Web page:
Interview with Afro-Punk Pioneer, Lunden DeLeon

I knew little about Afro-Punk until I was contacted by Afro-Punk artist Lunden De Leon's publicist. It was then I became intrigued. Here is a Black woman, successful in her own right and in her own terms (hello, she owns her own record label, Dirrty Records, launched in 2003)in a musical genre largely dominated by whites. She is also an accomplished actress starring in a long line of television shows including NBC'S, Just Shoot Me.  With the recent launching of her movie production company, Palmetto Film Studios, she is proving to the world once again she means business! 

This interview was conducted and originally published in April, 2012 on Drumtide Magazine. 

Define Afro-Punk, and how it is a Black woman like yourself got involved in this predominantly white dominated genre of music? 

Afro-Punk refers to blacks in the punk rock music scene. Growing up, most of my friends were listening to Run DMC and LL Cool J, I was blasting the Sex Pistols and Ramones. I loved the freedom of punk music and what it represented. DIY (do it yourself) instead of waiting for others to do it for you.

You said that the first time you saw your father on stage you knew you wanted to be a part of the music industry. How much has he continued to be an influence on you? 

My dad died 3 years ago. He will always be a major influence in my life. Without him I wouldn't be in the entertainment industry.

You went through a lot of hardships on the way. Describe one horrifying incident you did not expect on your journey to success?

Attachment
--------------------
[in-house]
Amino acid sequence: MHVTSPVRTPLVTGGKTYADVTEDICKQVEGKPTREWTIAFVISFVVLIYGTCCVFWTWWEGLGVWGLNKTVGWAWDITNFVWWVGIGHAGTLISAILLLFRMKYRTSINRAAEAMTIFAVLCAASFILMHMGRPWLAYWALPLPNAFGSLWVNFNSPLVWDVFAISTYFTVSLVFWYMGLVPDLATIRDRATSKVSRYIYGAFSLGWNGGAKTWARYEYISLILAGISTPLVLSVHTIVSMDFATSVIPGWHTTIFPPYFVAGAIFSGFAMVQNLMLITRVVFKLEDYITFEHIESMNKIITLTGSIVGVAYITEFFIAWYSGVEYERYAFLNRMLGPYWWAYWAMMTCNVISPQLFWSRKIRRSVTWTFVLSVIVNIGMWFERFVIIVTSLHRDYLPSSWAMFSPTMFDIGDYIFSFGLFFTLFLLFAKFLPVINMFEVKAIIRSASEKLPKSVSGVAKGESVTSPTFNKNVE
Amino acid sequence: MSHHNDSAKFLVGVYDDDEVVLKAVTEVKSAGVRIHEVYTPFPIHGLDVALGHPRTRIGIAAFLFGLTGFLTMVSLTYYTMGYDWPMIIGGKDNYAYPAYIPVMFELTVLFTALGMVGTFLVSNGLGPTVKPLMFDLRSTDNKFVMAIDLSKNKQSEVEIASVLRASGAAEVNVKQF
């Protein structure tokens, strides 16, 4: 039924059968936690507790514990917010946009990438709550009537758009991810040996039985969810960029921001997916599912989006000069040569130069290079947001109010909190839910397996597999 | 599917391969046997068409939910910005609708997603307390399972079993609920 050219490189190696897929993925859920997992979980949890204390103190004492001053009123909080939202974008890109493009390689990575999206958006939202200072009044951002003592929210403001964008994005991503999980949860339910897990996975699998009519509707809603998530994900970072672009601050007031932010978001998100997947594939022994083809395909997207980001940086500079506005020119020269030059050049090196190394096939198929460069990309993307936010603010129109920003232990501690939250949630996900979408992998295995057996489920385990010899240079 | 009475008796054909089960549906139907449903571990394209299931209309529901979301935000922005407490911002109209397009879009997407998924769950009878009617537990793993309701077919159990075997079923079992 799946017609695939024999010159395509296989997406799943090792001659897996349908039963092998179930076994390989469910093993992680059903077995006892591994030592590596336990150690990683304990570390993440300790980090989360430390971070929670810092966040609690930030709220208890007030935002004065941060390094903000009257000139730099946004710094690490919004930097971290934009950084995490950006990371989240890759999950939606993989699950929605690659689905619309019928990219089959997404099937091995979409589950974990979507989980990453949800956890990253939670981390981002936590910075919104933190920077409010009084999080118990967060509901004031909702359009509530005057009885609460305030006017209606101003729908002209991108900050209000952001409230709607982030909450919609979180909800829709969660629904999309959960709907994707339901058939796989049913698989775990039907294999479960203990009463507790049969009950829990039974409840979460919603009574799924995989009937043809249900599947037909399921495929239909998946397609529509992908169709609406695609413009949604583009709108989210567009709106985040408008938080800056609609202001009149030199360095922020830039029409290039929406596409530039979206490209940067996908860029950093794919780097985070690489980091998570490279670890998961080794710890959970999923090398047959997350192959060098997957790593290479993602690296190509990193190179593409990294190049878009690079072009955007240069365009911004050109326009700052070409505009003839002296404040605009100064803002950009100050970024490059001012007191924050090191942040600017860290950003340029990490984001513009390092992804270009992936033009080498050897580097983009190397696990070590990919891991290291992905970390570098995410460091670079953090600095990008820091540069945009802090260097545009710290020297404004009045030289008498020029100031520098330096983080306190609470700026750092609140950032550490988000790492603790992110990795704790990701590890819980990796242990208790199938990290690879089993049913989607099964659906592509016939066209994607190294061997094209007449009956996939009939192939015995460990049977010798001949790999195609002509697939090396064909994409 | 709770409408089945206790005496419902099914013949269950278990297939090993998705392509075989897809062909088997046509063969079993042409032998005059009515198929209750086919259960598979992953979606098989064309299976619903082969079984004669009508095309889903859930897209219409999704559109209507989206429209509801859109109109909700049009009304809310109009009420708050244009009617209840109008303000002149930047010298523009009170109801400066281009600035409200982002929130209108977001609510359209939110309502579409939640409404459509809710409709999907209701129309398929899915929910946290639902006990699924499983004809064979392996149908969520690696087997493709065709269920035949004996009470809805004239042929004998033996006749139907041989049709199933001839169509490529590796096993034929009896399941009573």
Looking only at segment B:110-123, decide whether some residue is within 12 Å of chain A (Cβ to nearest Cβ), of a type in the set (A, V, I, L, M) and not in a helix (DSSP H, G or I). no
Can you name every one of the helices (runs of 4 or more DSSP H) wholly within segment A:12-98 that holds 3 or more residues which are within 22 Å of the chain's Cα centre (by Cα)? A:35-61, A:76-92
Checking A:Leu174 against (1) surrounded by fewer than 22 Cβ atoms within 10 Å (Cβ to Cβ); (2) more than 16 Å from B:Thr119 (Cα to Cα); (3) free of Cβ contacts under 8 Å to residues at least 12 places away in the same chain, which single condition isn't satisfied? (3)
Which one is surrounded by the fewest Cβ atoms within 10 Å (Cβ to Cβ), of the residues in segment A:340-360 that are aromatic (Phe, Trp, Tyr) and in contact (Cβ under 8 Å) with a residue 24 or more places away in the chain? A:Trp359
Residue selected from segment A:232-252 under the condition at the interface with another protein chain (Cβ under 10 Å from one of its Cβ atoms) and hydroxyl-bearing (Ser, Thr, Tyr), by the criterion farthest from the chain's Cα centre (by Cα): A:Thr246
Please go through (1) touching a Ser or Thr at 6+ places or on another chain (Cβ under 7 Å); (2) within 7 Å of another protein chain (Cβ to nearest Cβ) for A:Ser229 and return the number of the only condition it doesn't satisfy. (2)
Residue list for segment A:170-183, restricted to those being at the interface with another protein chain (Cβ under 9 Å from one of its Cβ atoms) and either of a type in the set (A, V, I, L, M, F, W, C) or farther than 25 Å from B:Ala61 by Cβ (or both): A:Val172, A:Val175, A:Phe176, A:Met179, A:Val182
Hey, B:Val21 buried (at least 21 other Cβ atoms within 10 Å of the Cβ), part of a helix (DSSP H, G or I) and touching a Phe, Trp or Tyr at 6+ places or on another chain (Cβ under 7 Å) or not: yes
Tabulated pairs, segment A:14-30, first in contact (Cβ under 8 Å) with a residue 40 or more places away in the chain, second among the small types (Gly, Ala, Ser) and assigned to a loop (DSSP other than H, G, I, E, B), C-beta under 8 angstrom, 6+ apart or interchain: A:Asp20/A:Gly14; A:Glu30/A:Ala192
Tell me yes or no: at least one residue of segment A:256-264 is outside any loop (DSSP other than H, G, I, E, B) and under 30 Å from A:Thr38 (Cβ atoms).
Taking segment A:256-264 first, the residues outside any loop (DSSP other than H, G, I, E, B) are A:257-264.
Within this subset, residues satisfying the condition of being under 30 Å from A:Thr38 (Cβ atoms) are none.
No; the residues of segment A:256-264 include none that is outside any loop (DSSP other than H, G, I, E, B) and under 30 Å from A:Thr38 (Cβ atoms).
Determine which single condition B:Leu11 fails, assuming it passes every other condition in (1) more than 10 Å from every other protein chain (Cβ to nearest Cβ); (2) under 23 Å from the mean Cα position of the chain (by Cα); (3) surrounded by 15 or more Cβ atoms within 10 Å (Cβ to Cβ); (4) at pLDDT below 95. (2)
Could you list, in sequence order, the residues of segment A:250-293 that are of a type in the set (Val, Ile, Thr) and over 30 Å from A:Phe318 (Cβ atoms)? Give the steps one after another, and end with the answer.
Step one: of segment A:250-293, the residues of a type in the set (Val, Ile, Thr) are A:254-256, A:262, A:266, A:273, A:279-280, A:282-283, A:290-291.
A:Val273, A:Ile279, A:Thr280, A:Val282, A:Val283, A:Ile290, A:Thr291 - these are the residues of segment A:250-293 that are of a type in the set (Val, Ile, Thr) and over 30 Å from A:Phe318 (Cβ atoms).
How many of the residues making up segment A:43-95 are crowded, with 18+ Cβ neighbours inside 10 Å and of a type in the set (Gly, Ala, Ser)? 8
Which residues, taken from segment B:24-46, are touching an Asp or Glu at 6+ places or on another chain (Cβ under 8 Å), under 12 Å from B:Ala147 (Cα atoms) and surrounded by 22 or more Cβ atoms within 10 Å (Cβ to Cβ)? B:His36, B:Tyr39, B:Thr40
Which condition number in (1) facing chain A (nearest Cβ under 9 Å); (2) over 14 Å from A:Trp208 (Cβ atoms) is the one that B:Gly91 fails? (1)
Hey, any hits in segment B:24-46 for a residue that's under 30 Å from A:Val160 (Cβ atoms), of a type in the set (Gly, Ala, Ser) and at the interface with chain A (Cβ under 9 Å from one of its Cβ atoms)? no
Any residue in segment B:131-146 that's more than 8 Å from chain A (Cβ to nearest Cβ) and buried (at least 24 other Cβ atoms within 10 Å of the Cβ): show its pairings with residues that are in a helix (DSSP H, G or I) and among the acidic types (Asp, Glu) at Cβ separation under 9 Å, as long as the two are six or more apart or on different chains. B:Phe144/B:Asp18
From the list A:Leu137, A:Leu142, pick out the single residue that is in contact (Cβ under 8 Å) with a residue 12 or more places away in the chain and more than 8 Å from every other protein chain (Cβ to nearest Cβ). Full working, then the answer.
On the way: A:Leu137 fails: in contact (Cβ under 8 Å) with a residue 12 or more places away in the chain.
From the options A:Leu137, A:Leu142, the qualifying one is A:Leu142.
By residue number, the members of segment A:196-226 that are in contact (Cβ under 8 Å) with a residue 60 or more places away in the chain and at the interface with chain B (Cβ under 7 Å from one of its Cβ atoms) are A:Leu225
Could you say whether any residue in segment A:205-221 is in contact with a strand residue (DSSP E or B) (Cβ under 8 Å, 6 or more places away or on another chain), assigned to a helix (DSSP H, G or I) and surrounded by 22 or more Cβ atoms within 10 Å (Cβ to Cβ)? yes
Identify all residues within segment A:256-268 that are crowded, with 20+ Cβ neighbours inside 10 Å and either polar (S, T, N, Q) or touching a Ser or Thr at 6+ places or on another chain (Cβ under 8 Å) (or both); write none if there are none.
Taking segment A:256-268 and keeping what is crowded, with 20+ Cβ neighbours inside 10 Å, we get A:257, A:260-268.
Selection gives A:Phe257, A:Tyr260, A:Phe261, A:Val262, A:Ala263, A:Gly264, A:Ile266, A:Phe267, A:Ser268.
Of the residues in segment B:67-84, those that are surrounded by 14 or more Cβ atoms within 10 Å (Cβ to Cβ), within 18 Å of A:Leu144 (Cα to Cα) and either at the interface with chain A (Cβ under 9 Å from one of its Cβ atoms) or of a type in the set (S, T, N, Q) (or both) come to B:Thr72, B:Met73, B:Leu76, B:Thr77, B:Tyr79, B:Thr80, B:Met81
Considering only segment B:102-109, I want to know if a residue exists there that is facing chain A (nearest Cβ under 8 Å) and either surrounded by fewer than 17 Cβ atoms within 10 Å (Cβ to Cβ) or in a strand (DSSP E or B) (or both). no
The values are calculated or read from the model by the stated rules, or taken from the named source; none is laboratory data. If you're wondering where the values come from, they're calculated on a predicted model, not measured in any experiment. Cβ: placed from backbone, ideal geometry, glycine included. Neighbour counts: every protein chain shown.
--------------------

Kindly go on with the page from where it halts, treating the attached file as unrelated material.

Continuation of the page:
Homelessness. I thought I was doing everything right. Working, saving money, being frugal. Life tossed me a curve ball and instead of staying down I knew I had to get up and do things differently.

How much compromising, if any, does a woman, especially a woman of color, have to engage in in order to "break-in" in the entertainment industry?

It's tough for women of color in entertainment. We read about it all the time. When I decided to start my label, I was told to focus on R&B or Hip Hop. Other industry execs said a black woman would never make it as the owner of a punk rock label. I still decided to do things my way. I wrote up and business plan, found a few private investors who believed in me and my vision and the rest is rock-n-roll history. If I would have listened to them, I wouldn't be here today.

What has been the most rewarding aspect of your career? 

Helping others achieve their dream.

If ever depressed or discouraged what do you do to combat this? 

Pray. I know God's got my back.

Which do you prefer, acting/film work or music? 

Music. It's my first love.

Upcoming projects? 

In pre-production for the thriller "Escape" shooting in North Carolina. I also recently signed an amazing band called the Kennedy Kids. Their self titled album will be released this summer.

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